Ukraine warned that Russian strikes against a nuclear power plant could equate to “the use of an atomic bomb” after Russian shelling caused damage to the Zaporizhzhia nuclear power plant (NPP) on Friday.

Russia launched its invasion of the Eastern European country in late February, claiming it was to “liberate” the separatist Donbas region and rid the Ukrainian government of Nazis—even though Ukrainian President Volodymyr Zelensky is Jewish. More than five months into the war, the stronger-than-anticipated Ukrainian defense has forced fighting to be concentrated in Eastern Ukraine, which is home to Europe’s largest nuclear facility, the Zaporizhzhia NPP.

Concerns the Russian military may cause damage to the plant, therefore raising the risk of a nuclear crisis, have been ongoing since March, when Moscow’s troops seized the plant and shelling began. These concerns were renewed Friday when troops allegedly opened fire at the plant again.

Strikes against nuclear equal atomic bomb: Ukraine
Ukraine said that Russian strikes against the Zaporizhzhia nuclear power plant could equate to “the use of an atomic bomb” following Russian shelling at the plant Friday. Above, a Russian serviceman patrols the area around the plant in Enerhodar, Ukraine, on May 1.

The Ukrainian Ministry of Foreign Affairs released a statement Friday condemning the alleged shooting, warning that any action taken against the plant could have potentially devastating effects.

“The possible consequences of hitting an operating reactor are equivalent to the use of an atomic bomb,” the ministry wrote, adding that Russia moved military trucks and SUVs filled with weapons to the plant earlier this month.

The alleged shelling caused damage to the plant’s high-voltage supply line, the statement said. It also damaged the plant’s nitrogen-oxygen station and “combined auxiliary building,” according to Ukrainian-state nuclear power company Energoatom.

The attacks also led to a risk of hydrogen leakage, sputtering of radioactive substances, and a high danger of fire, the company said.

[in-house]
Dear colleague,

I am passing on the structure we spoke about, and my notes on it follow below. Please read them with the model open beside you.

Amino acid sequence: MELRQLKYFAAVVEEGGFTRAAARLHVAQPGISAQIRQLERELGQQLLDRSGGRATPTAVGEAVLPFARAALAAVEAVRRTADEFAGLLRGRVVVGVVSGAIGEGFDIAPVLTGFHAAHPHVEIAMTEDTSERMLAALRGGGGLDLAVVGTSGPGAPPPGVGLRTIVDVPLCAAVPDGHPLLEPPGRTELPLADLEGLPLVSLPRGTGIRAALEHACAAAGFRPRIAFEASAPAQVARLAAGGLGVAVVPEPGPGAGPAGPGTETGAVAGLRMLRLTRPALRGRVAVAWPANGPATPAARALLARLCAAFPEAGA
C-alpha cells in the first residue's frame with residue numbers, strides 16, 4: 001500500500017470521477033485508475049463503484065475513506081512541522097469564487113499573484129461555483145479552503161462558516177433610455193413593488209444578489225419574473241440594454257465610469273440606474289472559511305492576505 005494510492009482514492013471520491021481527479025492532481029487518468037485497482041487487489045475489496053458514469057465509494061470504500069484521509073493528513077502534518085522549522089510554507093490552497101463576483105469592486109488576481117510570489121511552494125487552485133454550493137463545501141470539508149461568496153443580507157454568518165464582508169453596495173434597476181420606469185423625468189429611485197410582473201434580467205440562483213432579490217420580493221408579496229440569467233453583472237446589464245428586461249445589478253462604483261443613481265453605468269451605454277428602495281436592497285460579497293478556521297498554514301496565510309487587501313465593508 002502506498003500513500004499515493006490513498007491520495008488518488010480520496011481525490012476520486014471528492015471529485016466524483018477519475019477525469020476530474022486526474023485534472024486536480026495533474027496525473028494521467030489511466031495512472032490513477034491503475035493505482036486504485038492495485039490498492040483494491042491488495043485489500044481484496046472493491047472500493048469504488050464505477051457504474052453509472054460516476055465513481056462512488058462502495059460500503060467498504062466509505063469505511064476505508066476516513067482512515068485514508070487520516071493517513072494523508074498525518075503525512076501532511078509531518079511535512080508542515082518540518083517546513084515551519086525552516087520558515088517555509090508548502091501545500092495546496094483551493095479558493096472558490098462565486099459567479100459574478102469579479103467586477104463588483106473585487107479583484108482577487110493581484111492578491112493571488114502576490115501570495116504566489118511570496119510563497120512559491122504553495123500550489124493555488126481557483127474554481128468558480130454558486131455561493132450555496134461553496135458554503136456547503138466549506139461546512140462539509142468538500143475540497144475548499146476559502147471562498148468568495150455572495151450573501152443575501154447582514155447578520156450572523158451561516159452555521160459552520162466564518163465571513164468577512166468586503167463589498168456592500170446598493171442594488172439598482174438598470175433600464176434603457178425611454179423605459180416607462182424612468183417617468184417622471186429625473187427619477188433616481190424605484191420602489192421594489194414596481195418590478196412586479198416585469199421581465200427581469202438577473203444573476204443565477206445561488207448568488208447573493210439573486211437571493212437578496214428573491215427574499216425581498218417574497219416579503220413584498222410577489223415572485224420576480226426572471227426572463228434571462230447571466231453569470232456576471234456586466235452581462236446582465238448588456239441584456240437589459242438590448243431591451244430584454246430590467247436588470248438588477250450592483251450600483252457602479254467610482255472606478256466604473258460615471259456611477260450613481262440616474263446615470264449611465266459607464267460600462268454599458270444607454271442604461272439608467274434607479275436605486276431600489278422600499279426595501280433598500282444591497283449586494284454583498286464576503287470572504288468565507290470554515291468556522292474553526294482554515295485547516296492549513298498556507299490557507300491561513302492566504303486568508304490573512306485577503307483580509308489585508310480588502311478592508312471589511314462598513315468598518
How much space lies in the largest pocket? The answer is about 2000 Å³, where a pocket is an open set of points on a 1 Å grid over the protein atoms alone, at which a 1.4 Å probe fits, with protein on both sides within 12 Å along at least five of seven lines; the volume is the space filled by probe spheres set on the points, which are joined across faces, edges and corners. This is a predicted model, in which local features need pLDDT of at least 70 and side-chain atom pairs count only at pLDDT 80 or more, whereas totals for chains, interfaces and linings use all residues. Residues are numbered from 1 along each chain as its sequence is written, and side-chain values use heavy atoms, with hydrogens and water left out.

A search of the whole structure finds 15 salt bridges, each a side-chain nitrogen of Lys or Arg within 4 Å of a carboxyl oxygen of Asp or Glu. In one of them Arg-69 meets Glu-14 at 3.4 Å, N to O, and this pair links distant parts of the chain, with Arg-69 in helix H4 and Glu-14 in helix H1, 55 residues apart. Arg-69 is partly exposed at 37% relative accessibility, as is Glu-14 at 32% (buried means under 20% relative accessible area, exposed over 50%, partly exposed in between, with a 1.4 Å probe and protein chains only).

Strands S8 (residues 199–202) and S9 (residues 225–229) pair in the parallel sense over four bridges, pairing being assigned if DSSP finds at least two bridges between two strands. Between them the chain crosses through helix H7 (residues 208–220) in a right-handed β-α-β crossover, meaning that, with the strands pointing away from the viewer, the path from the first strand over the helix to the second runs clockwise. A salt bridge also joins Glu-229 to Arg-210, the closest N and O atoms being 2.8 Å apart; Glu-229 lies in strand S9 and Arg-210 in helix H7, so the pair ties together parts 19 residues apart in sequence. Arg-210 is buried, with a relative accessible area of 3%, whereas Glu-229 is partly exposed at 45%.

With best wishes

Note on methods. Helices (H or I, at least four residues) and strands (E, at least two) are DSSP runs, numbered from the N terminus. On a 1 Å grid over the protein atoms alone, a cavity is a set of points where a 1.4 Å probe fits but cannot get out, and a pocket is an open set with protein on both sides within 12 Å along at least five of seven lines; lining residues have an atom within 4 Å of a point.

Zelensky said in a national speech that any shelling of the facility is an “open, brazen crime,” and that “Russia should bear responsibility for the very fact of creating a threat to the nuclear power plant.”

International Concern Over Zaporizhzhia Nuclear Plant

Russia’s actions at the NPP have drawn international rebuke. In the months following the invasion, other world leaders have raised concerns about a lack of justification for invading as well as reports surrounding war crimes.

The American Nuclear Society on Wednesday called on Russia to remove missiles from the NPP, adding that its behavior “violated international humanitarian law,” which bans attacks on plants and the use of human shields to avoid attacks.

Rafael Grossi, director general of the International Atomic Energy Agency, told the Associated Press on Tuesday that the situation has violated “every principle of nuclear safety.”

“What is at stake is extremely serious and extremely grave and dangerous,” he said.

Ukraine pointed out that the attacks on the plant came just days after Russian President Vladimir Putin said he had no intentions of using nuclear weapons during remarks to the Review Conference of the Treaty on the Non-Proliferation of Nuclear Weapons—where he said there would be no winners in a nuclear war, despite months of Moscow taunting the West over the possibility.

Newsweek reached out to the Russian foreign affairs ministry for comment

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